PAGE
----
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"Between Death and Life": Mobility, War, and Marshallese Women's Songs of Survival

"Between Death and Life": Mobility, War, and Marshallese Women's Songs of Survival "Between Death and Life" Mobility, War, and Marshallese Women's Songs of Survival Jessica A. Schwartz Q: Can you tell me about Marshallese music before the missionaries? A: I'm not sure about music before the missionaries, but I know that the women always made battle songs. --Bikinian councilman Majuro, interview by the author, 2009 n 2006 Women United Together in the Marshall Islands (WUTMI), the nongovernmental umbrella women's organization from the Republic of the Marshall Islands (RMI), released a video intended to address the pervasive domestic violence severely compromising the lives of women throughout the developing island nation.1 WUTMI translated the title of the film from Marshallese, Ekakwikwi Jinen Emmaan, to , A Call to Arms.2 The longer, . . more accurate translation, "a call to sons to become angry through jealousy and avenge the injuries that have been done to their mothers," echoes the mother1. The Republic of the Marshall Islands is comprised of twenty-nine low-lying coral atolls and five small islands. The country is located in the central Pacific Ocean approximately 2,500 miles southwest of Hawaii. Land is scarce, and the population has been subject to colonial and imperial investors. In the mid-nineteenth century, American Protestant missionaries http://www.deepdyve.com/assets/images/DeepDyve-Logo-lg.png Women and Music: A Journal of Gender and Culture University of Nebraska Press

"Between Death and Life": Mobility, War, and Marshallese Women's Songs of Survival

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Publisher
University of Nebraska Press
Copyright
Copyright © the International Alliance for Women in Music.
ISSN
1553-0612
Publisher site
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Abstract

"Between Death and Life" Mobility, War, and Marshallese Women's Songs of Survival Jessica A. Schwartz Q: Can you tell me about Marshallese music before the missionaries? A: I'm not sure about music before the missionaries, but I know that the women always made battle songs. --Bikinian councilman Majuro, interview by the author, 2009 n 2006 Women United Together in the Marshall Islands (WUTMI), the nongovernmental umbrella women's organization from the Republic of the Marshall Islands (RMI), released a video intended to address the pervasive domestic violence severely compromising the lives of women throughout the developing island nation.1 WUTMI translated the title of the film from Marshallese, Ekakwikwi Jinen Emmaan, to , A Call to Arms.2 The longer, . . more accurate translation, "a call to sons to become angry through jealousy and avenge the injuries that have been done to their mothers," echoes the mother1. The Republic of the Marshall Islands is comprised of twenty-nine low-lying coral atolls and five small islands. The country is located in the central Pacific Ocean approximately 2,500 miles southwest of Hawaii. Land is scarce, and the population has been subject to colonial and imperial investors. In the mid-nineteenth century, American Protestant missionaries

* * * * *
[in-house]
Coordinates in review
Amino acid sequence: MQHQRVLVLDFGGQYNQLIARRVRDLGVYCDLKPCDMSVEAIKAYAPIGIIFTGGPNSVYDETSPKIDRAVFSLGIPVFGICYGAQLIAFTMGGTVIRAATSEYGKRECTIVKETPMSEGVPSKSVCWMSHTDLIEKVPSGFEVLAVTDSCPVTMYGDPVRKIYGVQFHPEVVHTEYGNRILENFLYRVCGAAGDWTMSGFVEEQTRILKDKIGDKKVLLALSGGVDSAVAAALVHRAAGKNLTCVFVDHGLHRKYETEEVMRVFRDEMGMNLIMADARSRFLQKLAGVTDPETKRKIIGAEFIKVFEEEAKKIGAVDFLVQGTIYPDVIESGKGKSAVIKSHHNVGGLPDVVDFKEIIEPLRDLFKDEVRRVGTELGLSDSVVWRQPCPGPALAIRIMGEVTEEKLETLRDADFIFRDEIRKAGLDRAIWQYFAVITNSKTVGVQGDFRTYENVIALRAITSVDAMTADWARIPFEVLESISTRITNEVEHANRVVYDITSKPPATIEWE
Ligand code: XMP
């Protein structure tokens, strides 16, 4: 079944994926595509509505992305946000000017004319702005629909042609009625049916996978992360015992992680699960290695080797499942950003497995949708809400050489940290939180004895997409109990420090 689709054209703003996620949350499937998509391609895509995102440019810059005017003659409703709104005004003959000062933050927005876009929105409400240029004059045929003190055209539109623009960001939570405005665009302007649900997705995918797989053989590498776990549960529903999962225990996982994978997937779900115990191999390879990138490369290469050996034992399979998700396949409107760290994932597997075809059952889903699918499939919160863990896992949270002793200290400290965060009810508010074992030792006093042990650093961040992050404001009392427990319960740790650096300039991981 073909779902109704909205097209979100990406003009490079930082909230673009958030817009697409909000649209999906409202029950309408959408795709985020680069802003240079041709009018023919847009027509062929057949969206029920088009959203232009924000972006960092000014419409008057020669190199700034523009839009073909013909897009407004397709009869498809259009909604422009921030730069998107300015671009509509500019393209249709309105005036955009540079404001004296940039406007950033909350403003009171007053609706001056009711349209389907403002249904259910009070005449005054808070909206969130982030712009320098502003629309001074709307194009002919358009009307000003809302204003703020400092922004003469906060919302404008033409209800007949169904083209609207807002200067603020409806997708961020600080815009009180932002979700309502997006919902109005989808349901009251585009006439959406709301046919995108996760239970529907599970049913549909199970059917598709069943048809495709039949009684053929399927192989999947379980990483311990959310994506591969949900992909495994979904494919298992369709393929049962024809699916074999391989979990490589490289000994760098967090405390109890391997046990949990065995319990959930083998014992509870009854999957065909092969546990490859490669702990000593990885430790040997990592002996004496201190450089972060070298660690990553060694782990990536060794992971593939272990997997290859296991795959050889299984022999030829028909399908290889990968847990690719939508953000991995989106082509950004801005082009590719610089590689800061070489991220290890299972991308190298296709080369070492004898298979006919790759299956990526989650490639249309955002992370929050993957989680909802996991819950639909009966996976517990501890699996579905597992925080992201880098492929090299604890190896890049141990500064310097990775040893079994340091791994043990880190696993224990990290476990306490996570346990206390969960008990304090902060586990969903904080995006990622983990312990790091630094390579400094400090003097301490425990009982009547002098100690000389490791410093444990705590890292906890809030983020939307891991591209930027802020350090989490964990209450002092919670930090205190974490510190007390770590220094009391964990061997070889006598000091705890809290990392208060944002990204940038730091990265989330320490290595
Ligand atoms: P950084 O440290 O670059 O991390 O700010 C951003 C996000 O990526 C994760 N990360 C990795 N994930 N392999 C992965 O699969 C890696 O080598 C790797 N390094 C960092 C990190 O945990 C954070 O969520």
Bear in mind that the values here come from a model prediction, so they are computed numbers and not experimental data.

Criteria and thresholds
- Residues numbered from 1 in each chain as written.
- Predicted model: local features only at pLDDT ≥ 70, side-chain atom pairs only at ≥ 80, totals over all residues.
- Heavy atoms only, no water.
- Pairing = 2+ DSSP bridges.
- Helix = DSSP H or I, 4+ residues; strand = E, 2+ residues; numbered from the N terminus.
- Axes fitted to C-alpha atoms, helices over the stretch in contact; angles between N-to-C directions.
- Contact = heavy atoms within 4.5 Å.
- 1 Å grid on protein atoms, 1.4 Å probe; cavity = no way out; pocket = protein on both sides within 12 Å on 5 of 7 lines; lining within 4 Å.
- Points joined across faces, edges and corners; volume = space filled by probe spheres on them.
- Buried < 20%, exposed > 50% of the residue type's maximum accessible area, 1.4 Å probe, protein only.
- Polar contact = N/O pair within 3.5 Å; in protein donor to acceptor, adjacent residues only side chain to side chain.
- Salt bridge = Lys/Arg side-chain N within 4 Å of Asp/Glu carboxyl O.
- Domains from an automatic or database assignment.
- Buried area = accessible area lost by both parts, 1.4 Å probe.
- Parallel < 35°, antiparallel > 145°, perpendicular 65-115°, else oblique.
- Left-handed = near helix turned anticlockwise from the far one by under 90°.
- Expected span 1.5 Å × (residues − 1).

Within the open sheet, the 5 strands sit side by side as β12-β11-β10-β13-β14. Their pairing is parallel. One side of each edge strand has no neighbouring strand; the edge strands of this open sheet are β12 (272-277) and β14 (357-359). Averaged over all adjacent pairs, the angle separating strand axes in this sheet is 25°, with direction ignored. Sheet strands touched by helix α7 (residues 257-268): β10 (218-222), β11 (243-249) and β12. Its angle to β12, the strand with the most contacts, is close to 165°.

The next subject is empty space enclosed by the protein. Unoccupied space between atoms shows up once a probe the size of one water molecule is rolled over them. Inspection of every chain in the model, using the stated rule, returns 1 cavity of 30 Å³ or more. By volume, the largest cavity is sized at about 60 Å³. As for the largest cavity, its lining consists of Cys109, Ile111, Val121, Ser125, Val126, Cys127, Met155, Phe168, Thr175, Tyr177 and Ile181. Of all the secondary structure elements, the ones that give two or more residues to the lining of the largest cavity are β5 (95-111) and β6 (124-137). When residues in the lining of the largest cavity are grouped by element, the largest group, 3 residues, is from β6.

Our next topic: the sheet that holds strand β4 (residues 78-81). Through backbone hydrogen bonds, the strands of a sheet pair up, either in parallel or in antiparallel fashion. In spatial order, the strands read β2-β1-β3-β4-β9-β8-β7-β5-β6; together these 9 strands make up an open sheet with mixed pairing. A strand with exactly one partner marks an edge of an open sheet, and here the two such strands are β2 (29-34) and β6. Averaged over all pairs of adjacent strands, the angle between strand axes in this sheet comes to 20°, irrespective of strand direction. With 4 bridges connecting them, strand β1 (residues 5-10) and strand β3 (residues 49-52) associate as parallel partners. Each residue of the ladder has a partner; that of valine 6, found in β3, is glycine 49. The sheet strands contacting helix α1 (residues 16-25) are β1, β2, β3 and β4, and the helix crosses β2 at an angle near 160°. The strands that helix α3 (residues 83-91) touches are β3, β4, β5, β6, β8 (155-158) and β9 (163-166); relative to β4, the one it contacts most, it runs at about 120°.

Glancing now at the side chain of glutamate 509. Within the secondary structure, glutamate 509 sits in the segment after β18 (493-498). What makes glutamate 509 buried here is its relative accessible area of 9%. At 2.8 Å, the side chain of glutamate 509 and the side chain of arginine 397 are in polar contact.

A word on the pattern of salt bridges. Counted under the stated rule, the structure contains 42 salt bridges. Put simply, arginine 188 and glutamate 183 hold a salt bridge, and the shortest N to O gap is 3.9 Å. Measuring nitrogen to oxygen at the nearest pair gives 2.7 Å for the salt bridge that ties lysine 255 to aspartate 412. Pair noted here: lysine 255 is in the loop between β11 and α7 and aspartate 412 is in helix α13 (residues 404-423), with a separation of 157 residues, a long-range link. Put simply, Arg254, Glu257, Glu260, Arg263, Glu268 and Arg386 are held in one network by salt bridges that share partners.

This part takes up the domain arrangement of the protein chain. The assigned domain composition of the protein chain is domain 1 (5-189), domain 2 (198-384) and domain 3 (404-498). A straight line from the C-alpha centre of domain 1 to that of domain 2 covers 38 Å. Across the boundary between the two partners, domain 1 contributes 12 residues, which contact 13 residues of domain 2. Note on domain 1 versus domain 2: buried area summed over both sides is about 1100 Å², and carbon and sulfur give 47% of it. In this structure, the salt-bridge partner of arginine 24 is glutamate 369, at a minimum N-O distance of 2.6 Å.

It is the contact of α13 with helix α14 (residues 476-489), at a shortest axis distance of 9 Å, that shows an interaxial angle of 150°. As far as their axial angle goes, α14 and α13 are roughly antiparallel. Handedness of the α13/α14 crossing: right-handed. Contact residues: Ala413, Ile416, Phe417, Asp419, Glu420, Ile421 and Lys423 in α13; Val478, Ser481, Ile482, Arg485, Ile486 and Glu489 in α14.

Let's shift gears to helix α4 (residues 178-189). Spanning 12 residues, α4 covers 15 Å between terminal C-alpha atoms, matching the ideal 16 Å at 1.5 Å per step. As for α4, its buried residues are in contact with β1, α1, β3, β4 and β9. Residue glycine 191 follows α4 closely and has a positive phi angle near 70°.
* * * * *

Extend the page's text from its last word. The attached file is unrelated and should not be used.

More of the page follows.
Journal

Women and Music: A Journal of Gender and CultureUniversity of Nebraska Press

Published: Nov 9, 2012

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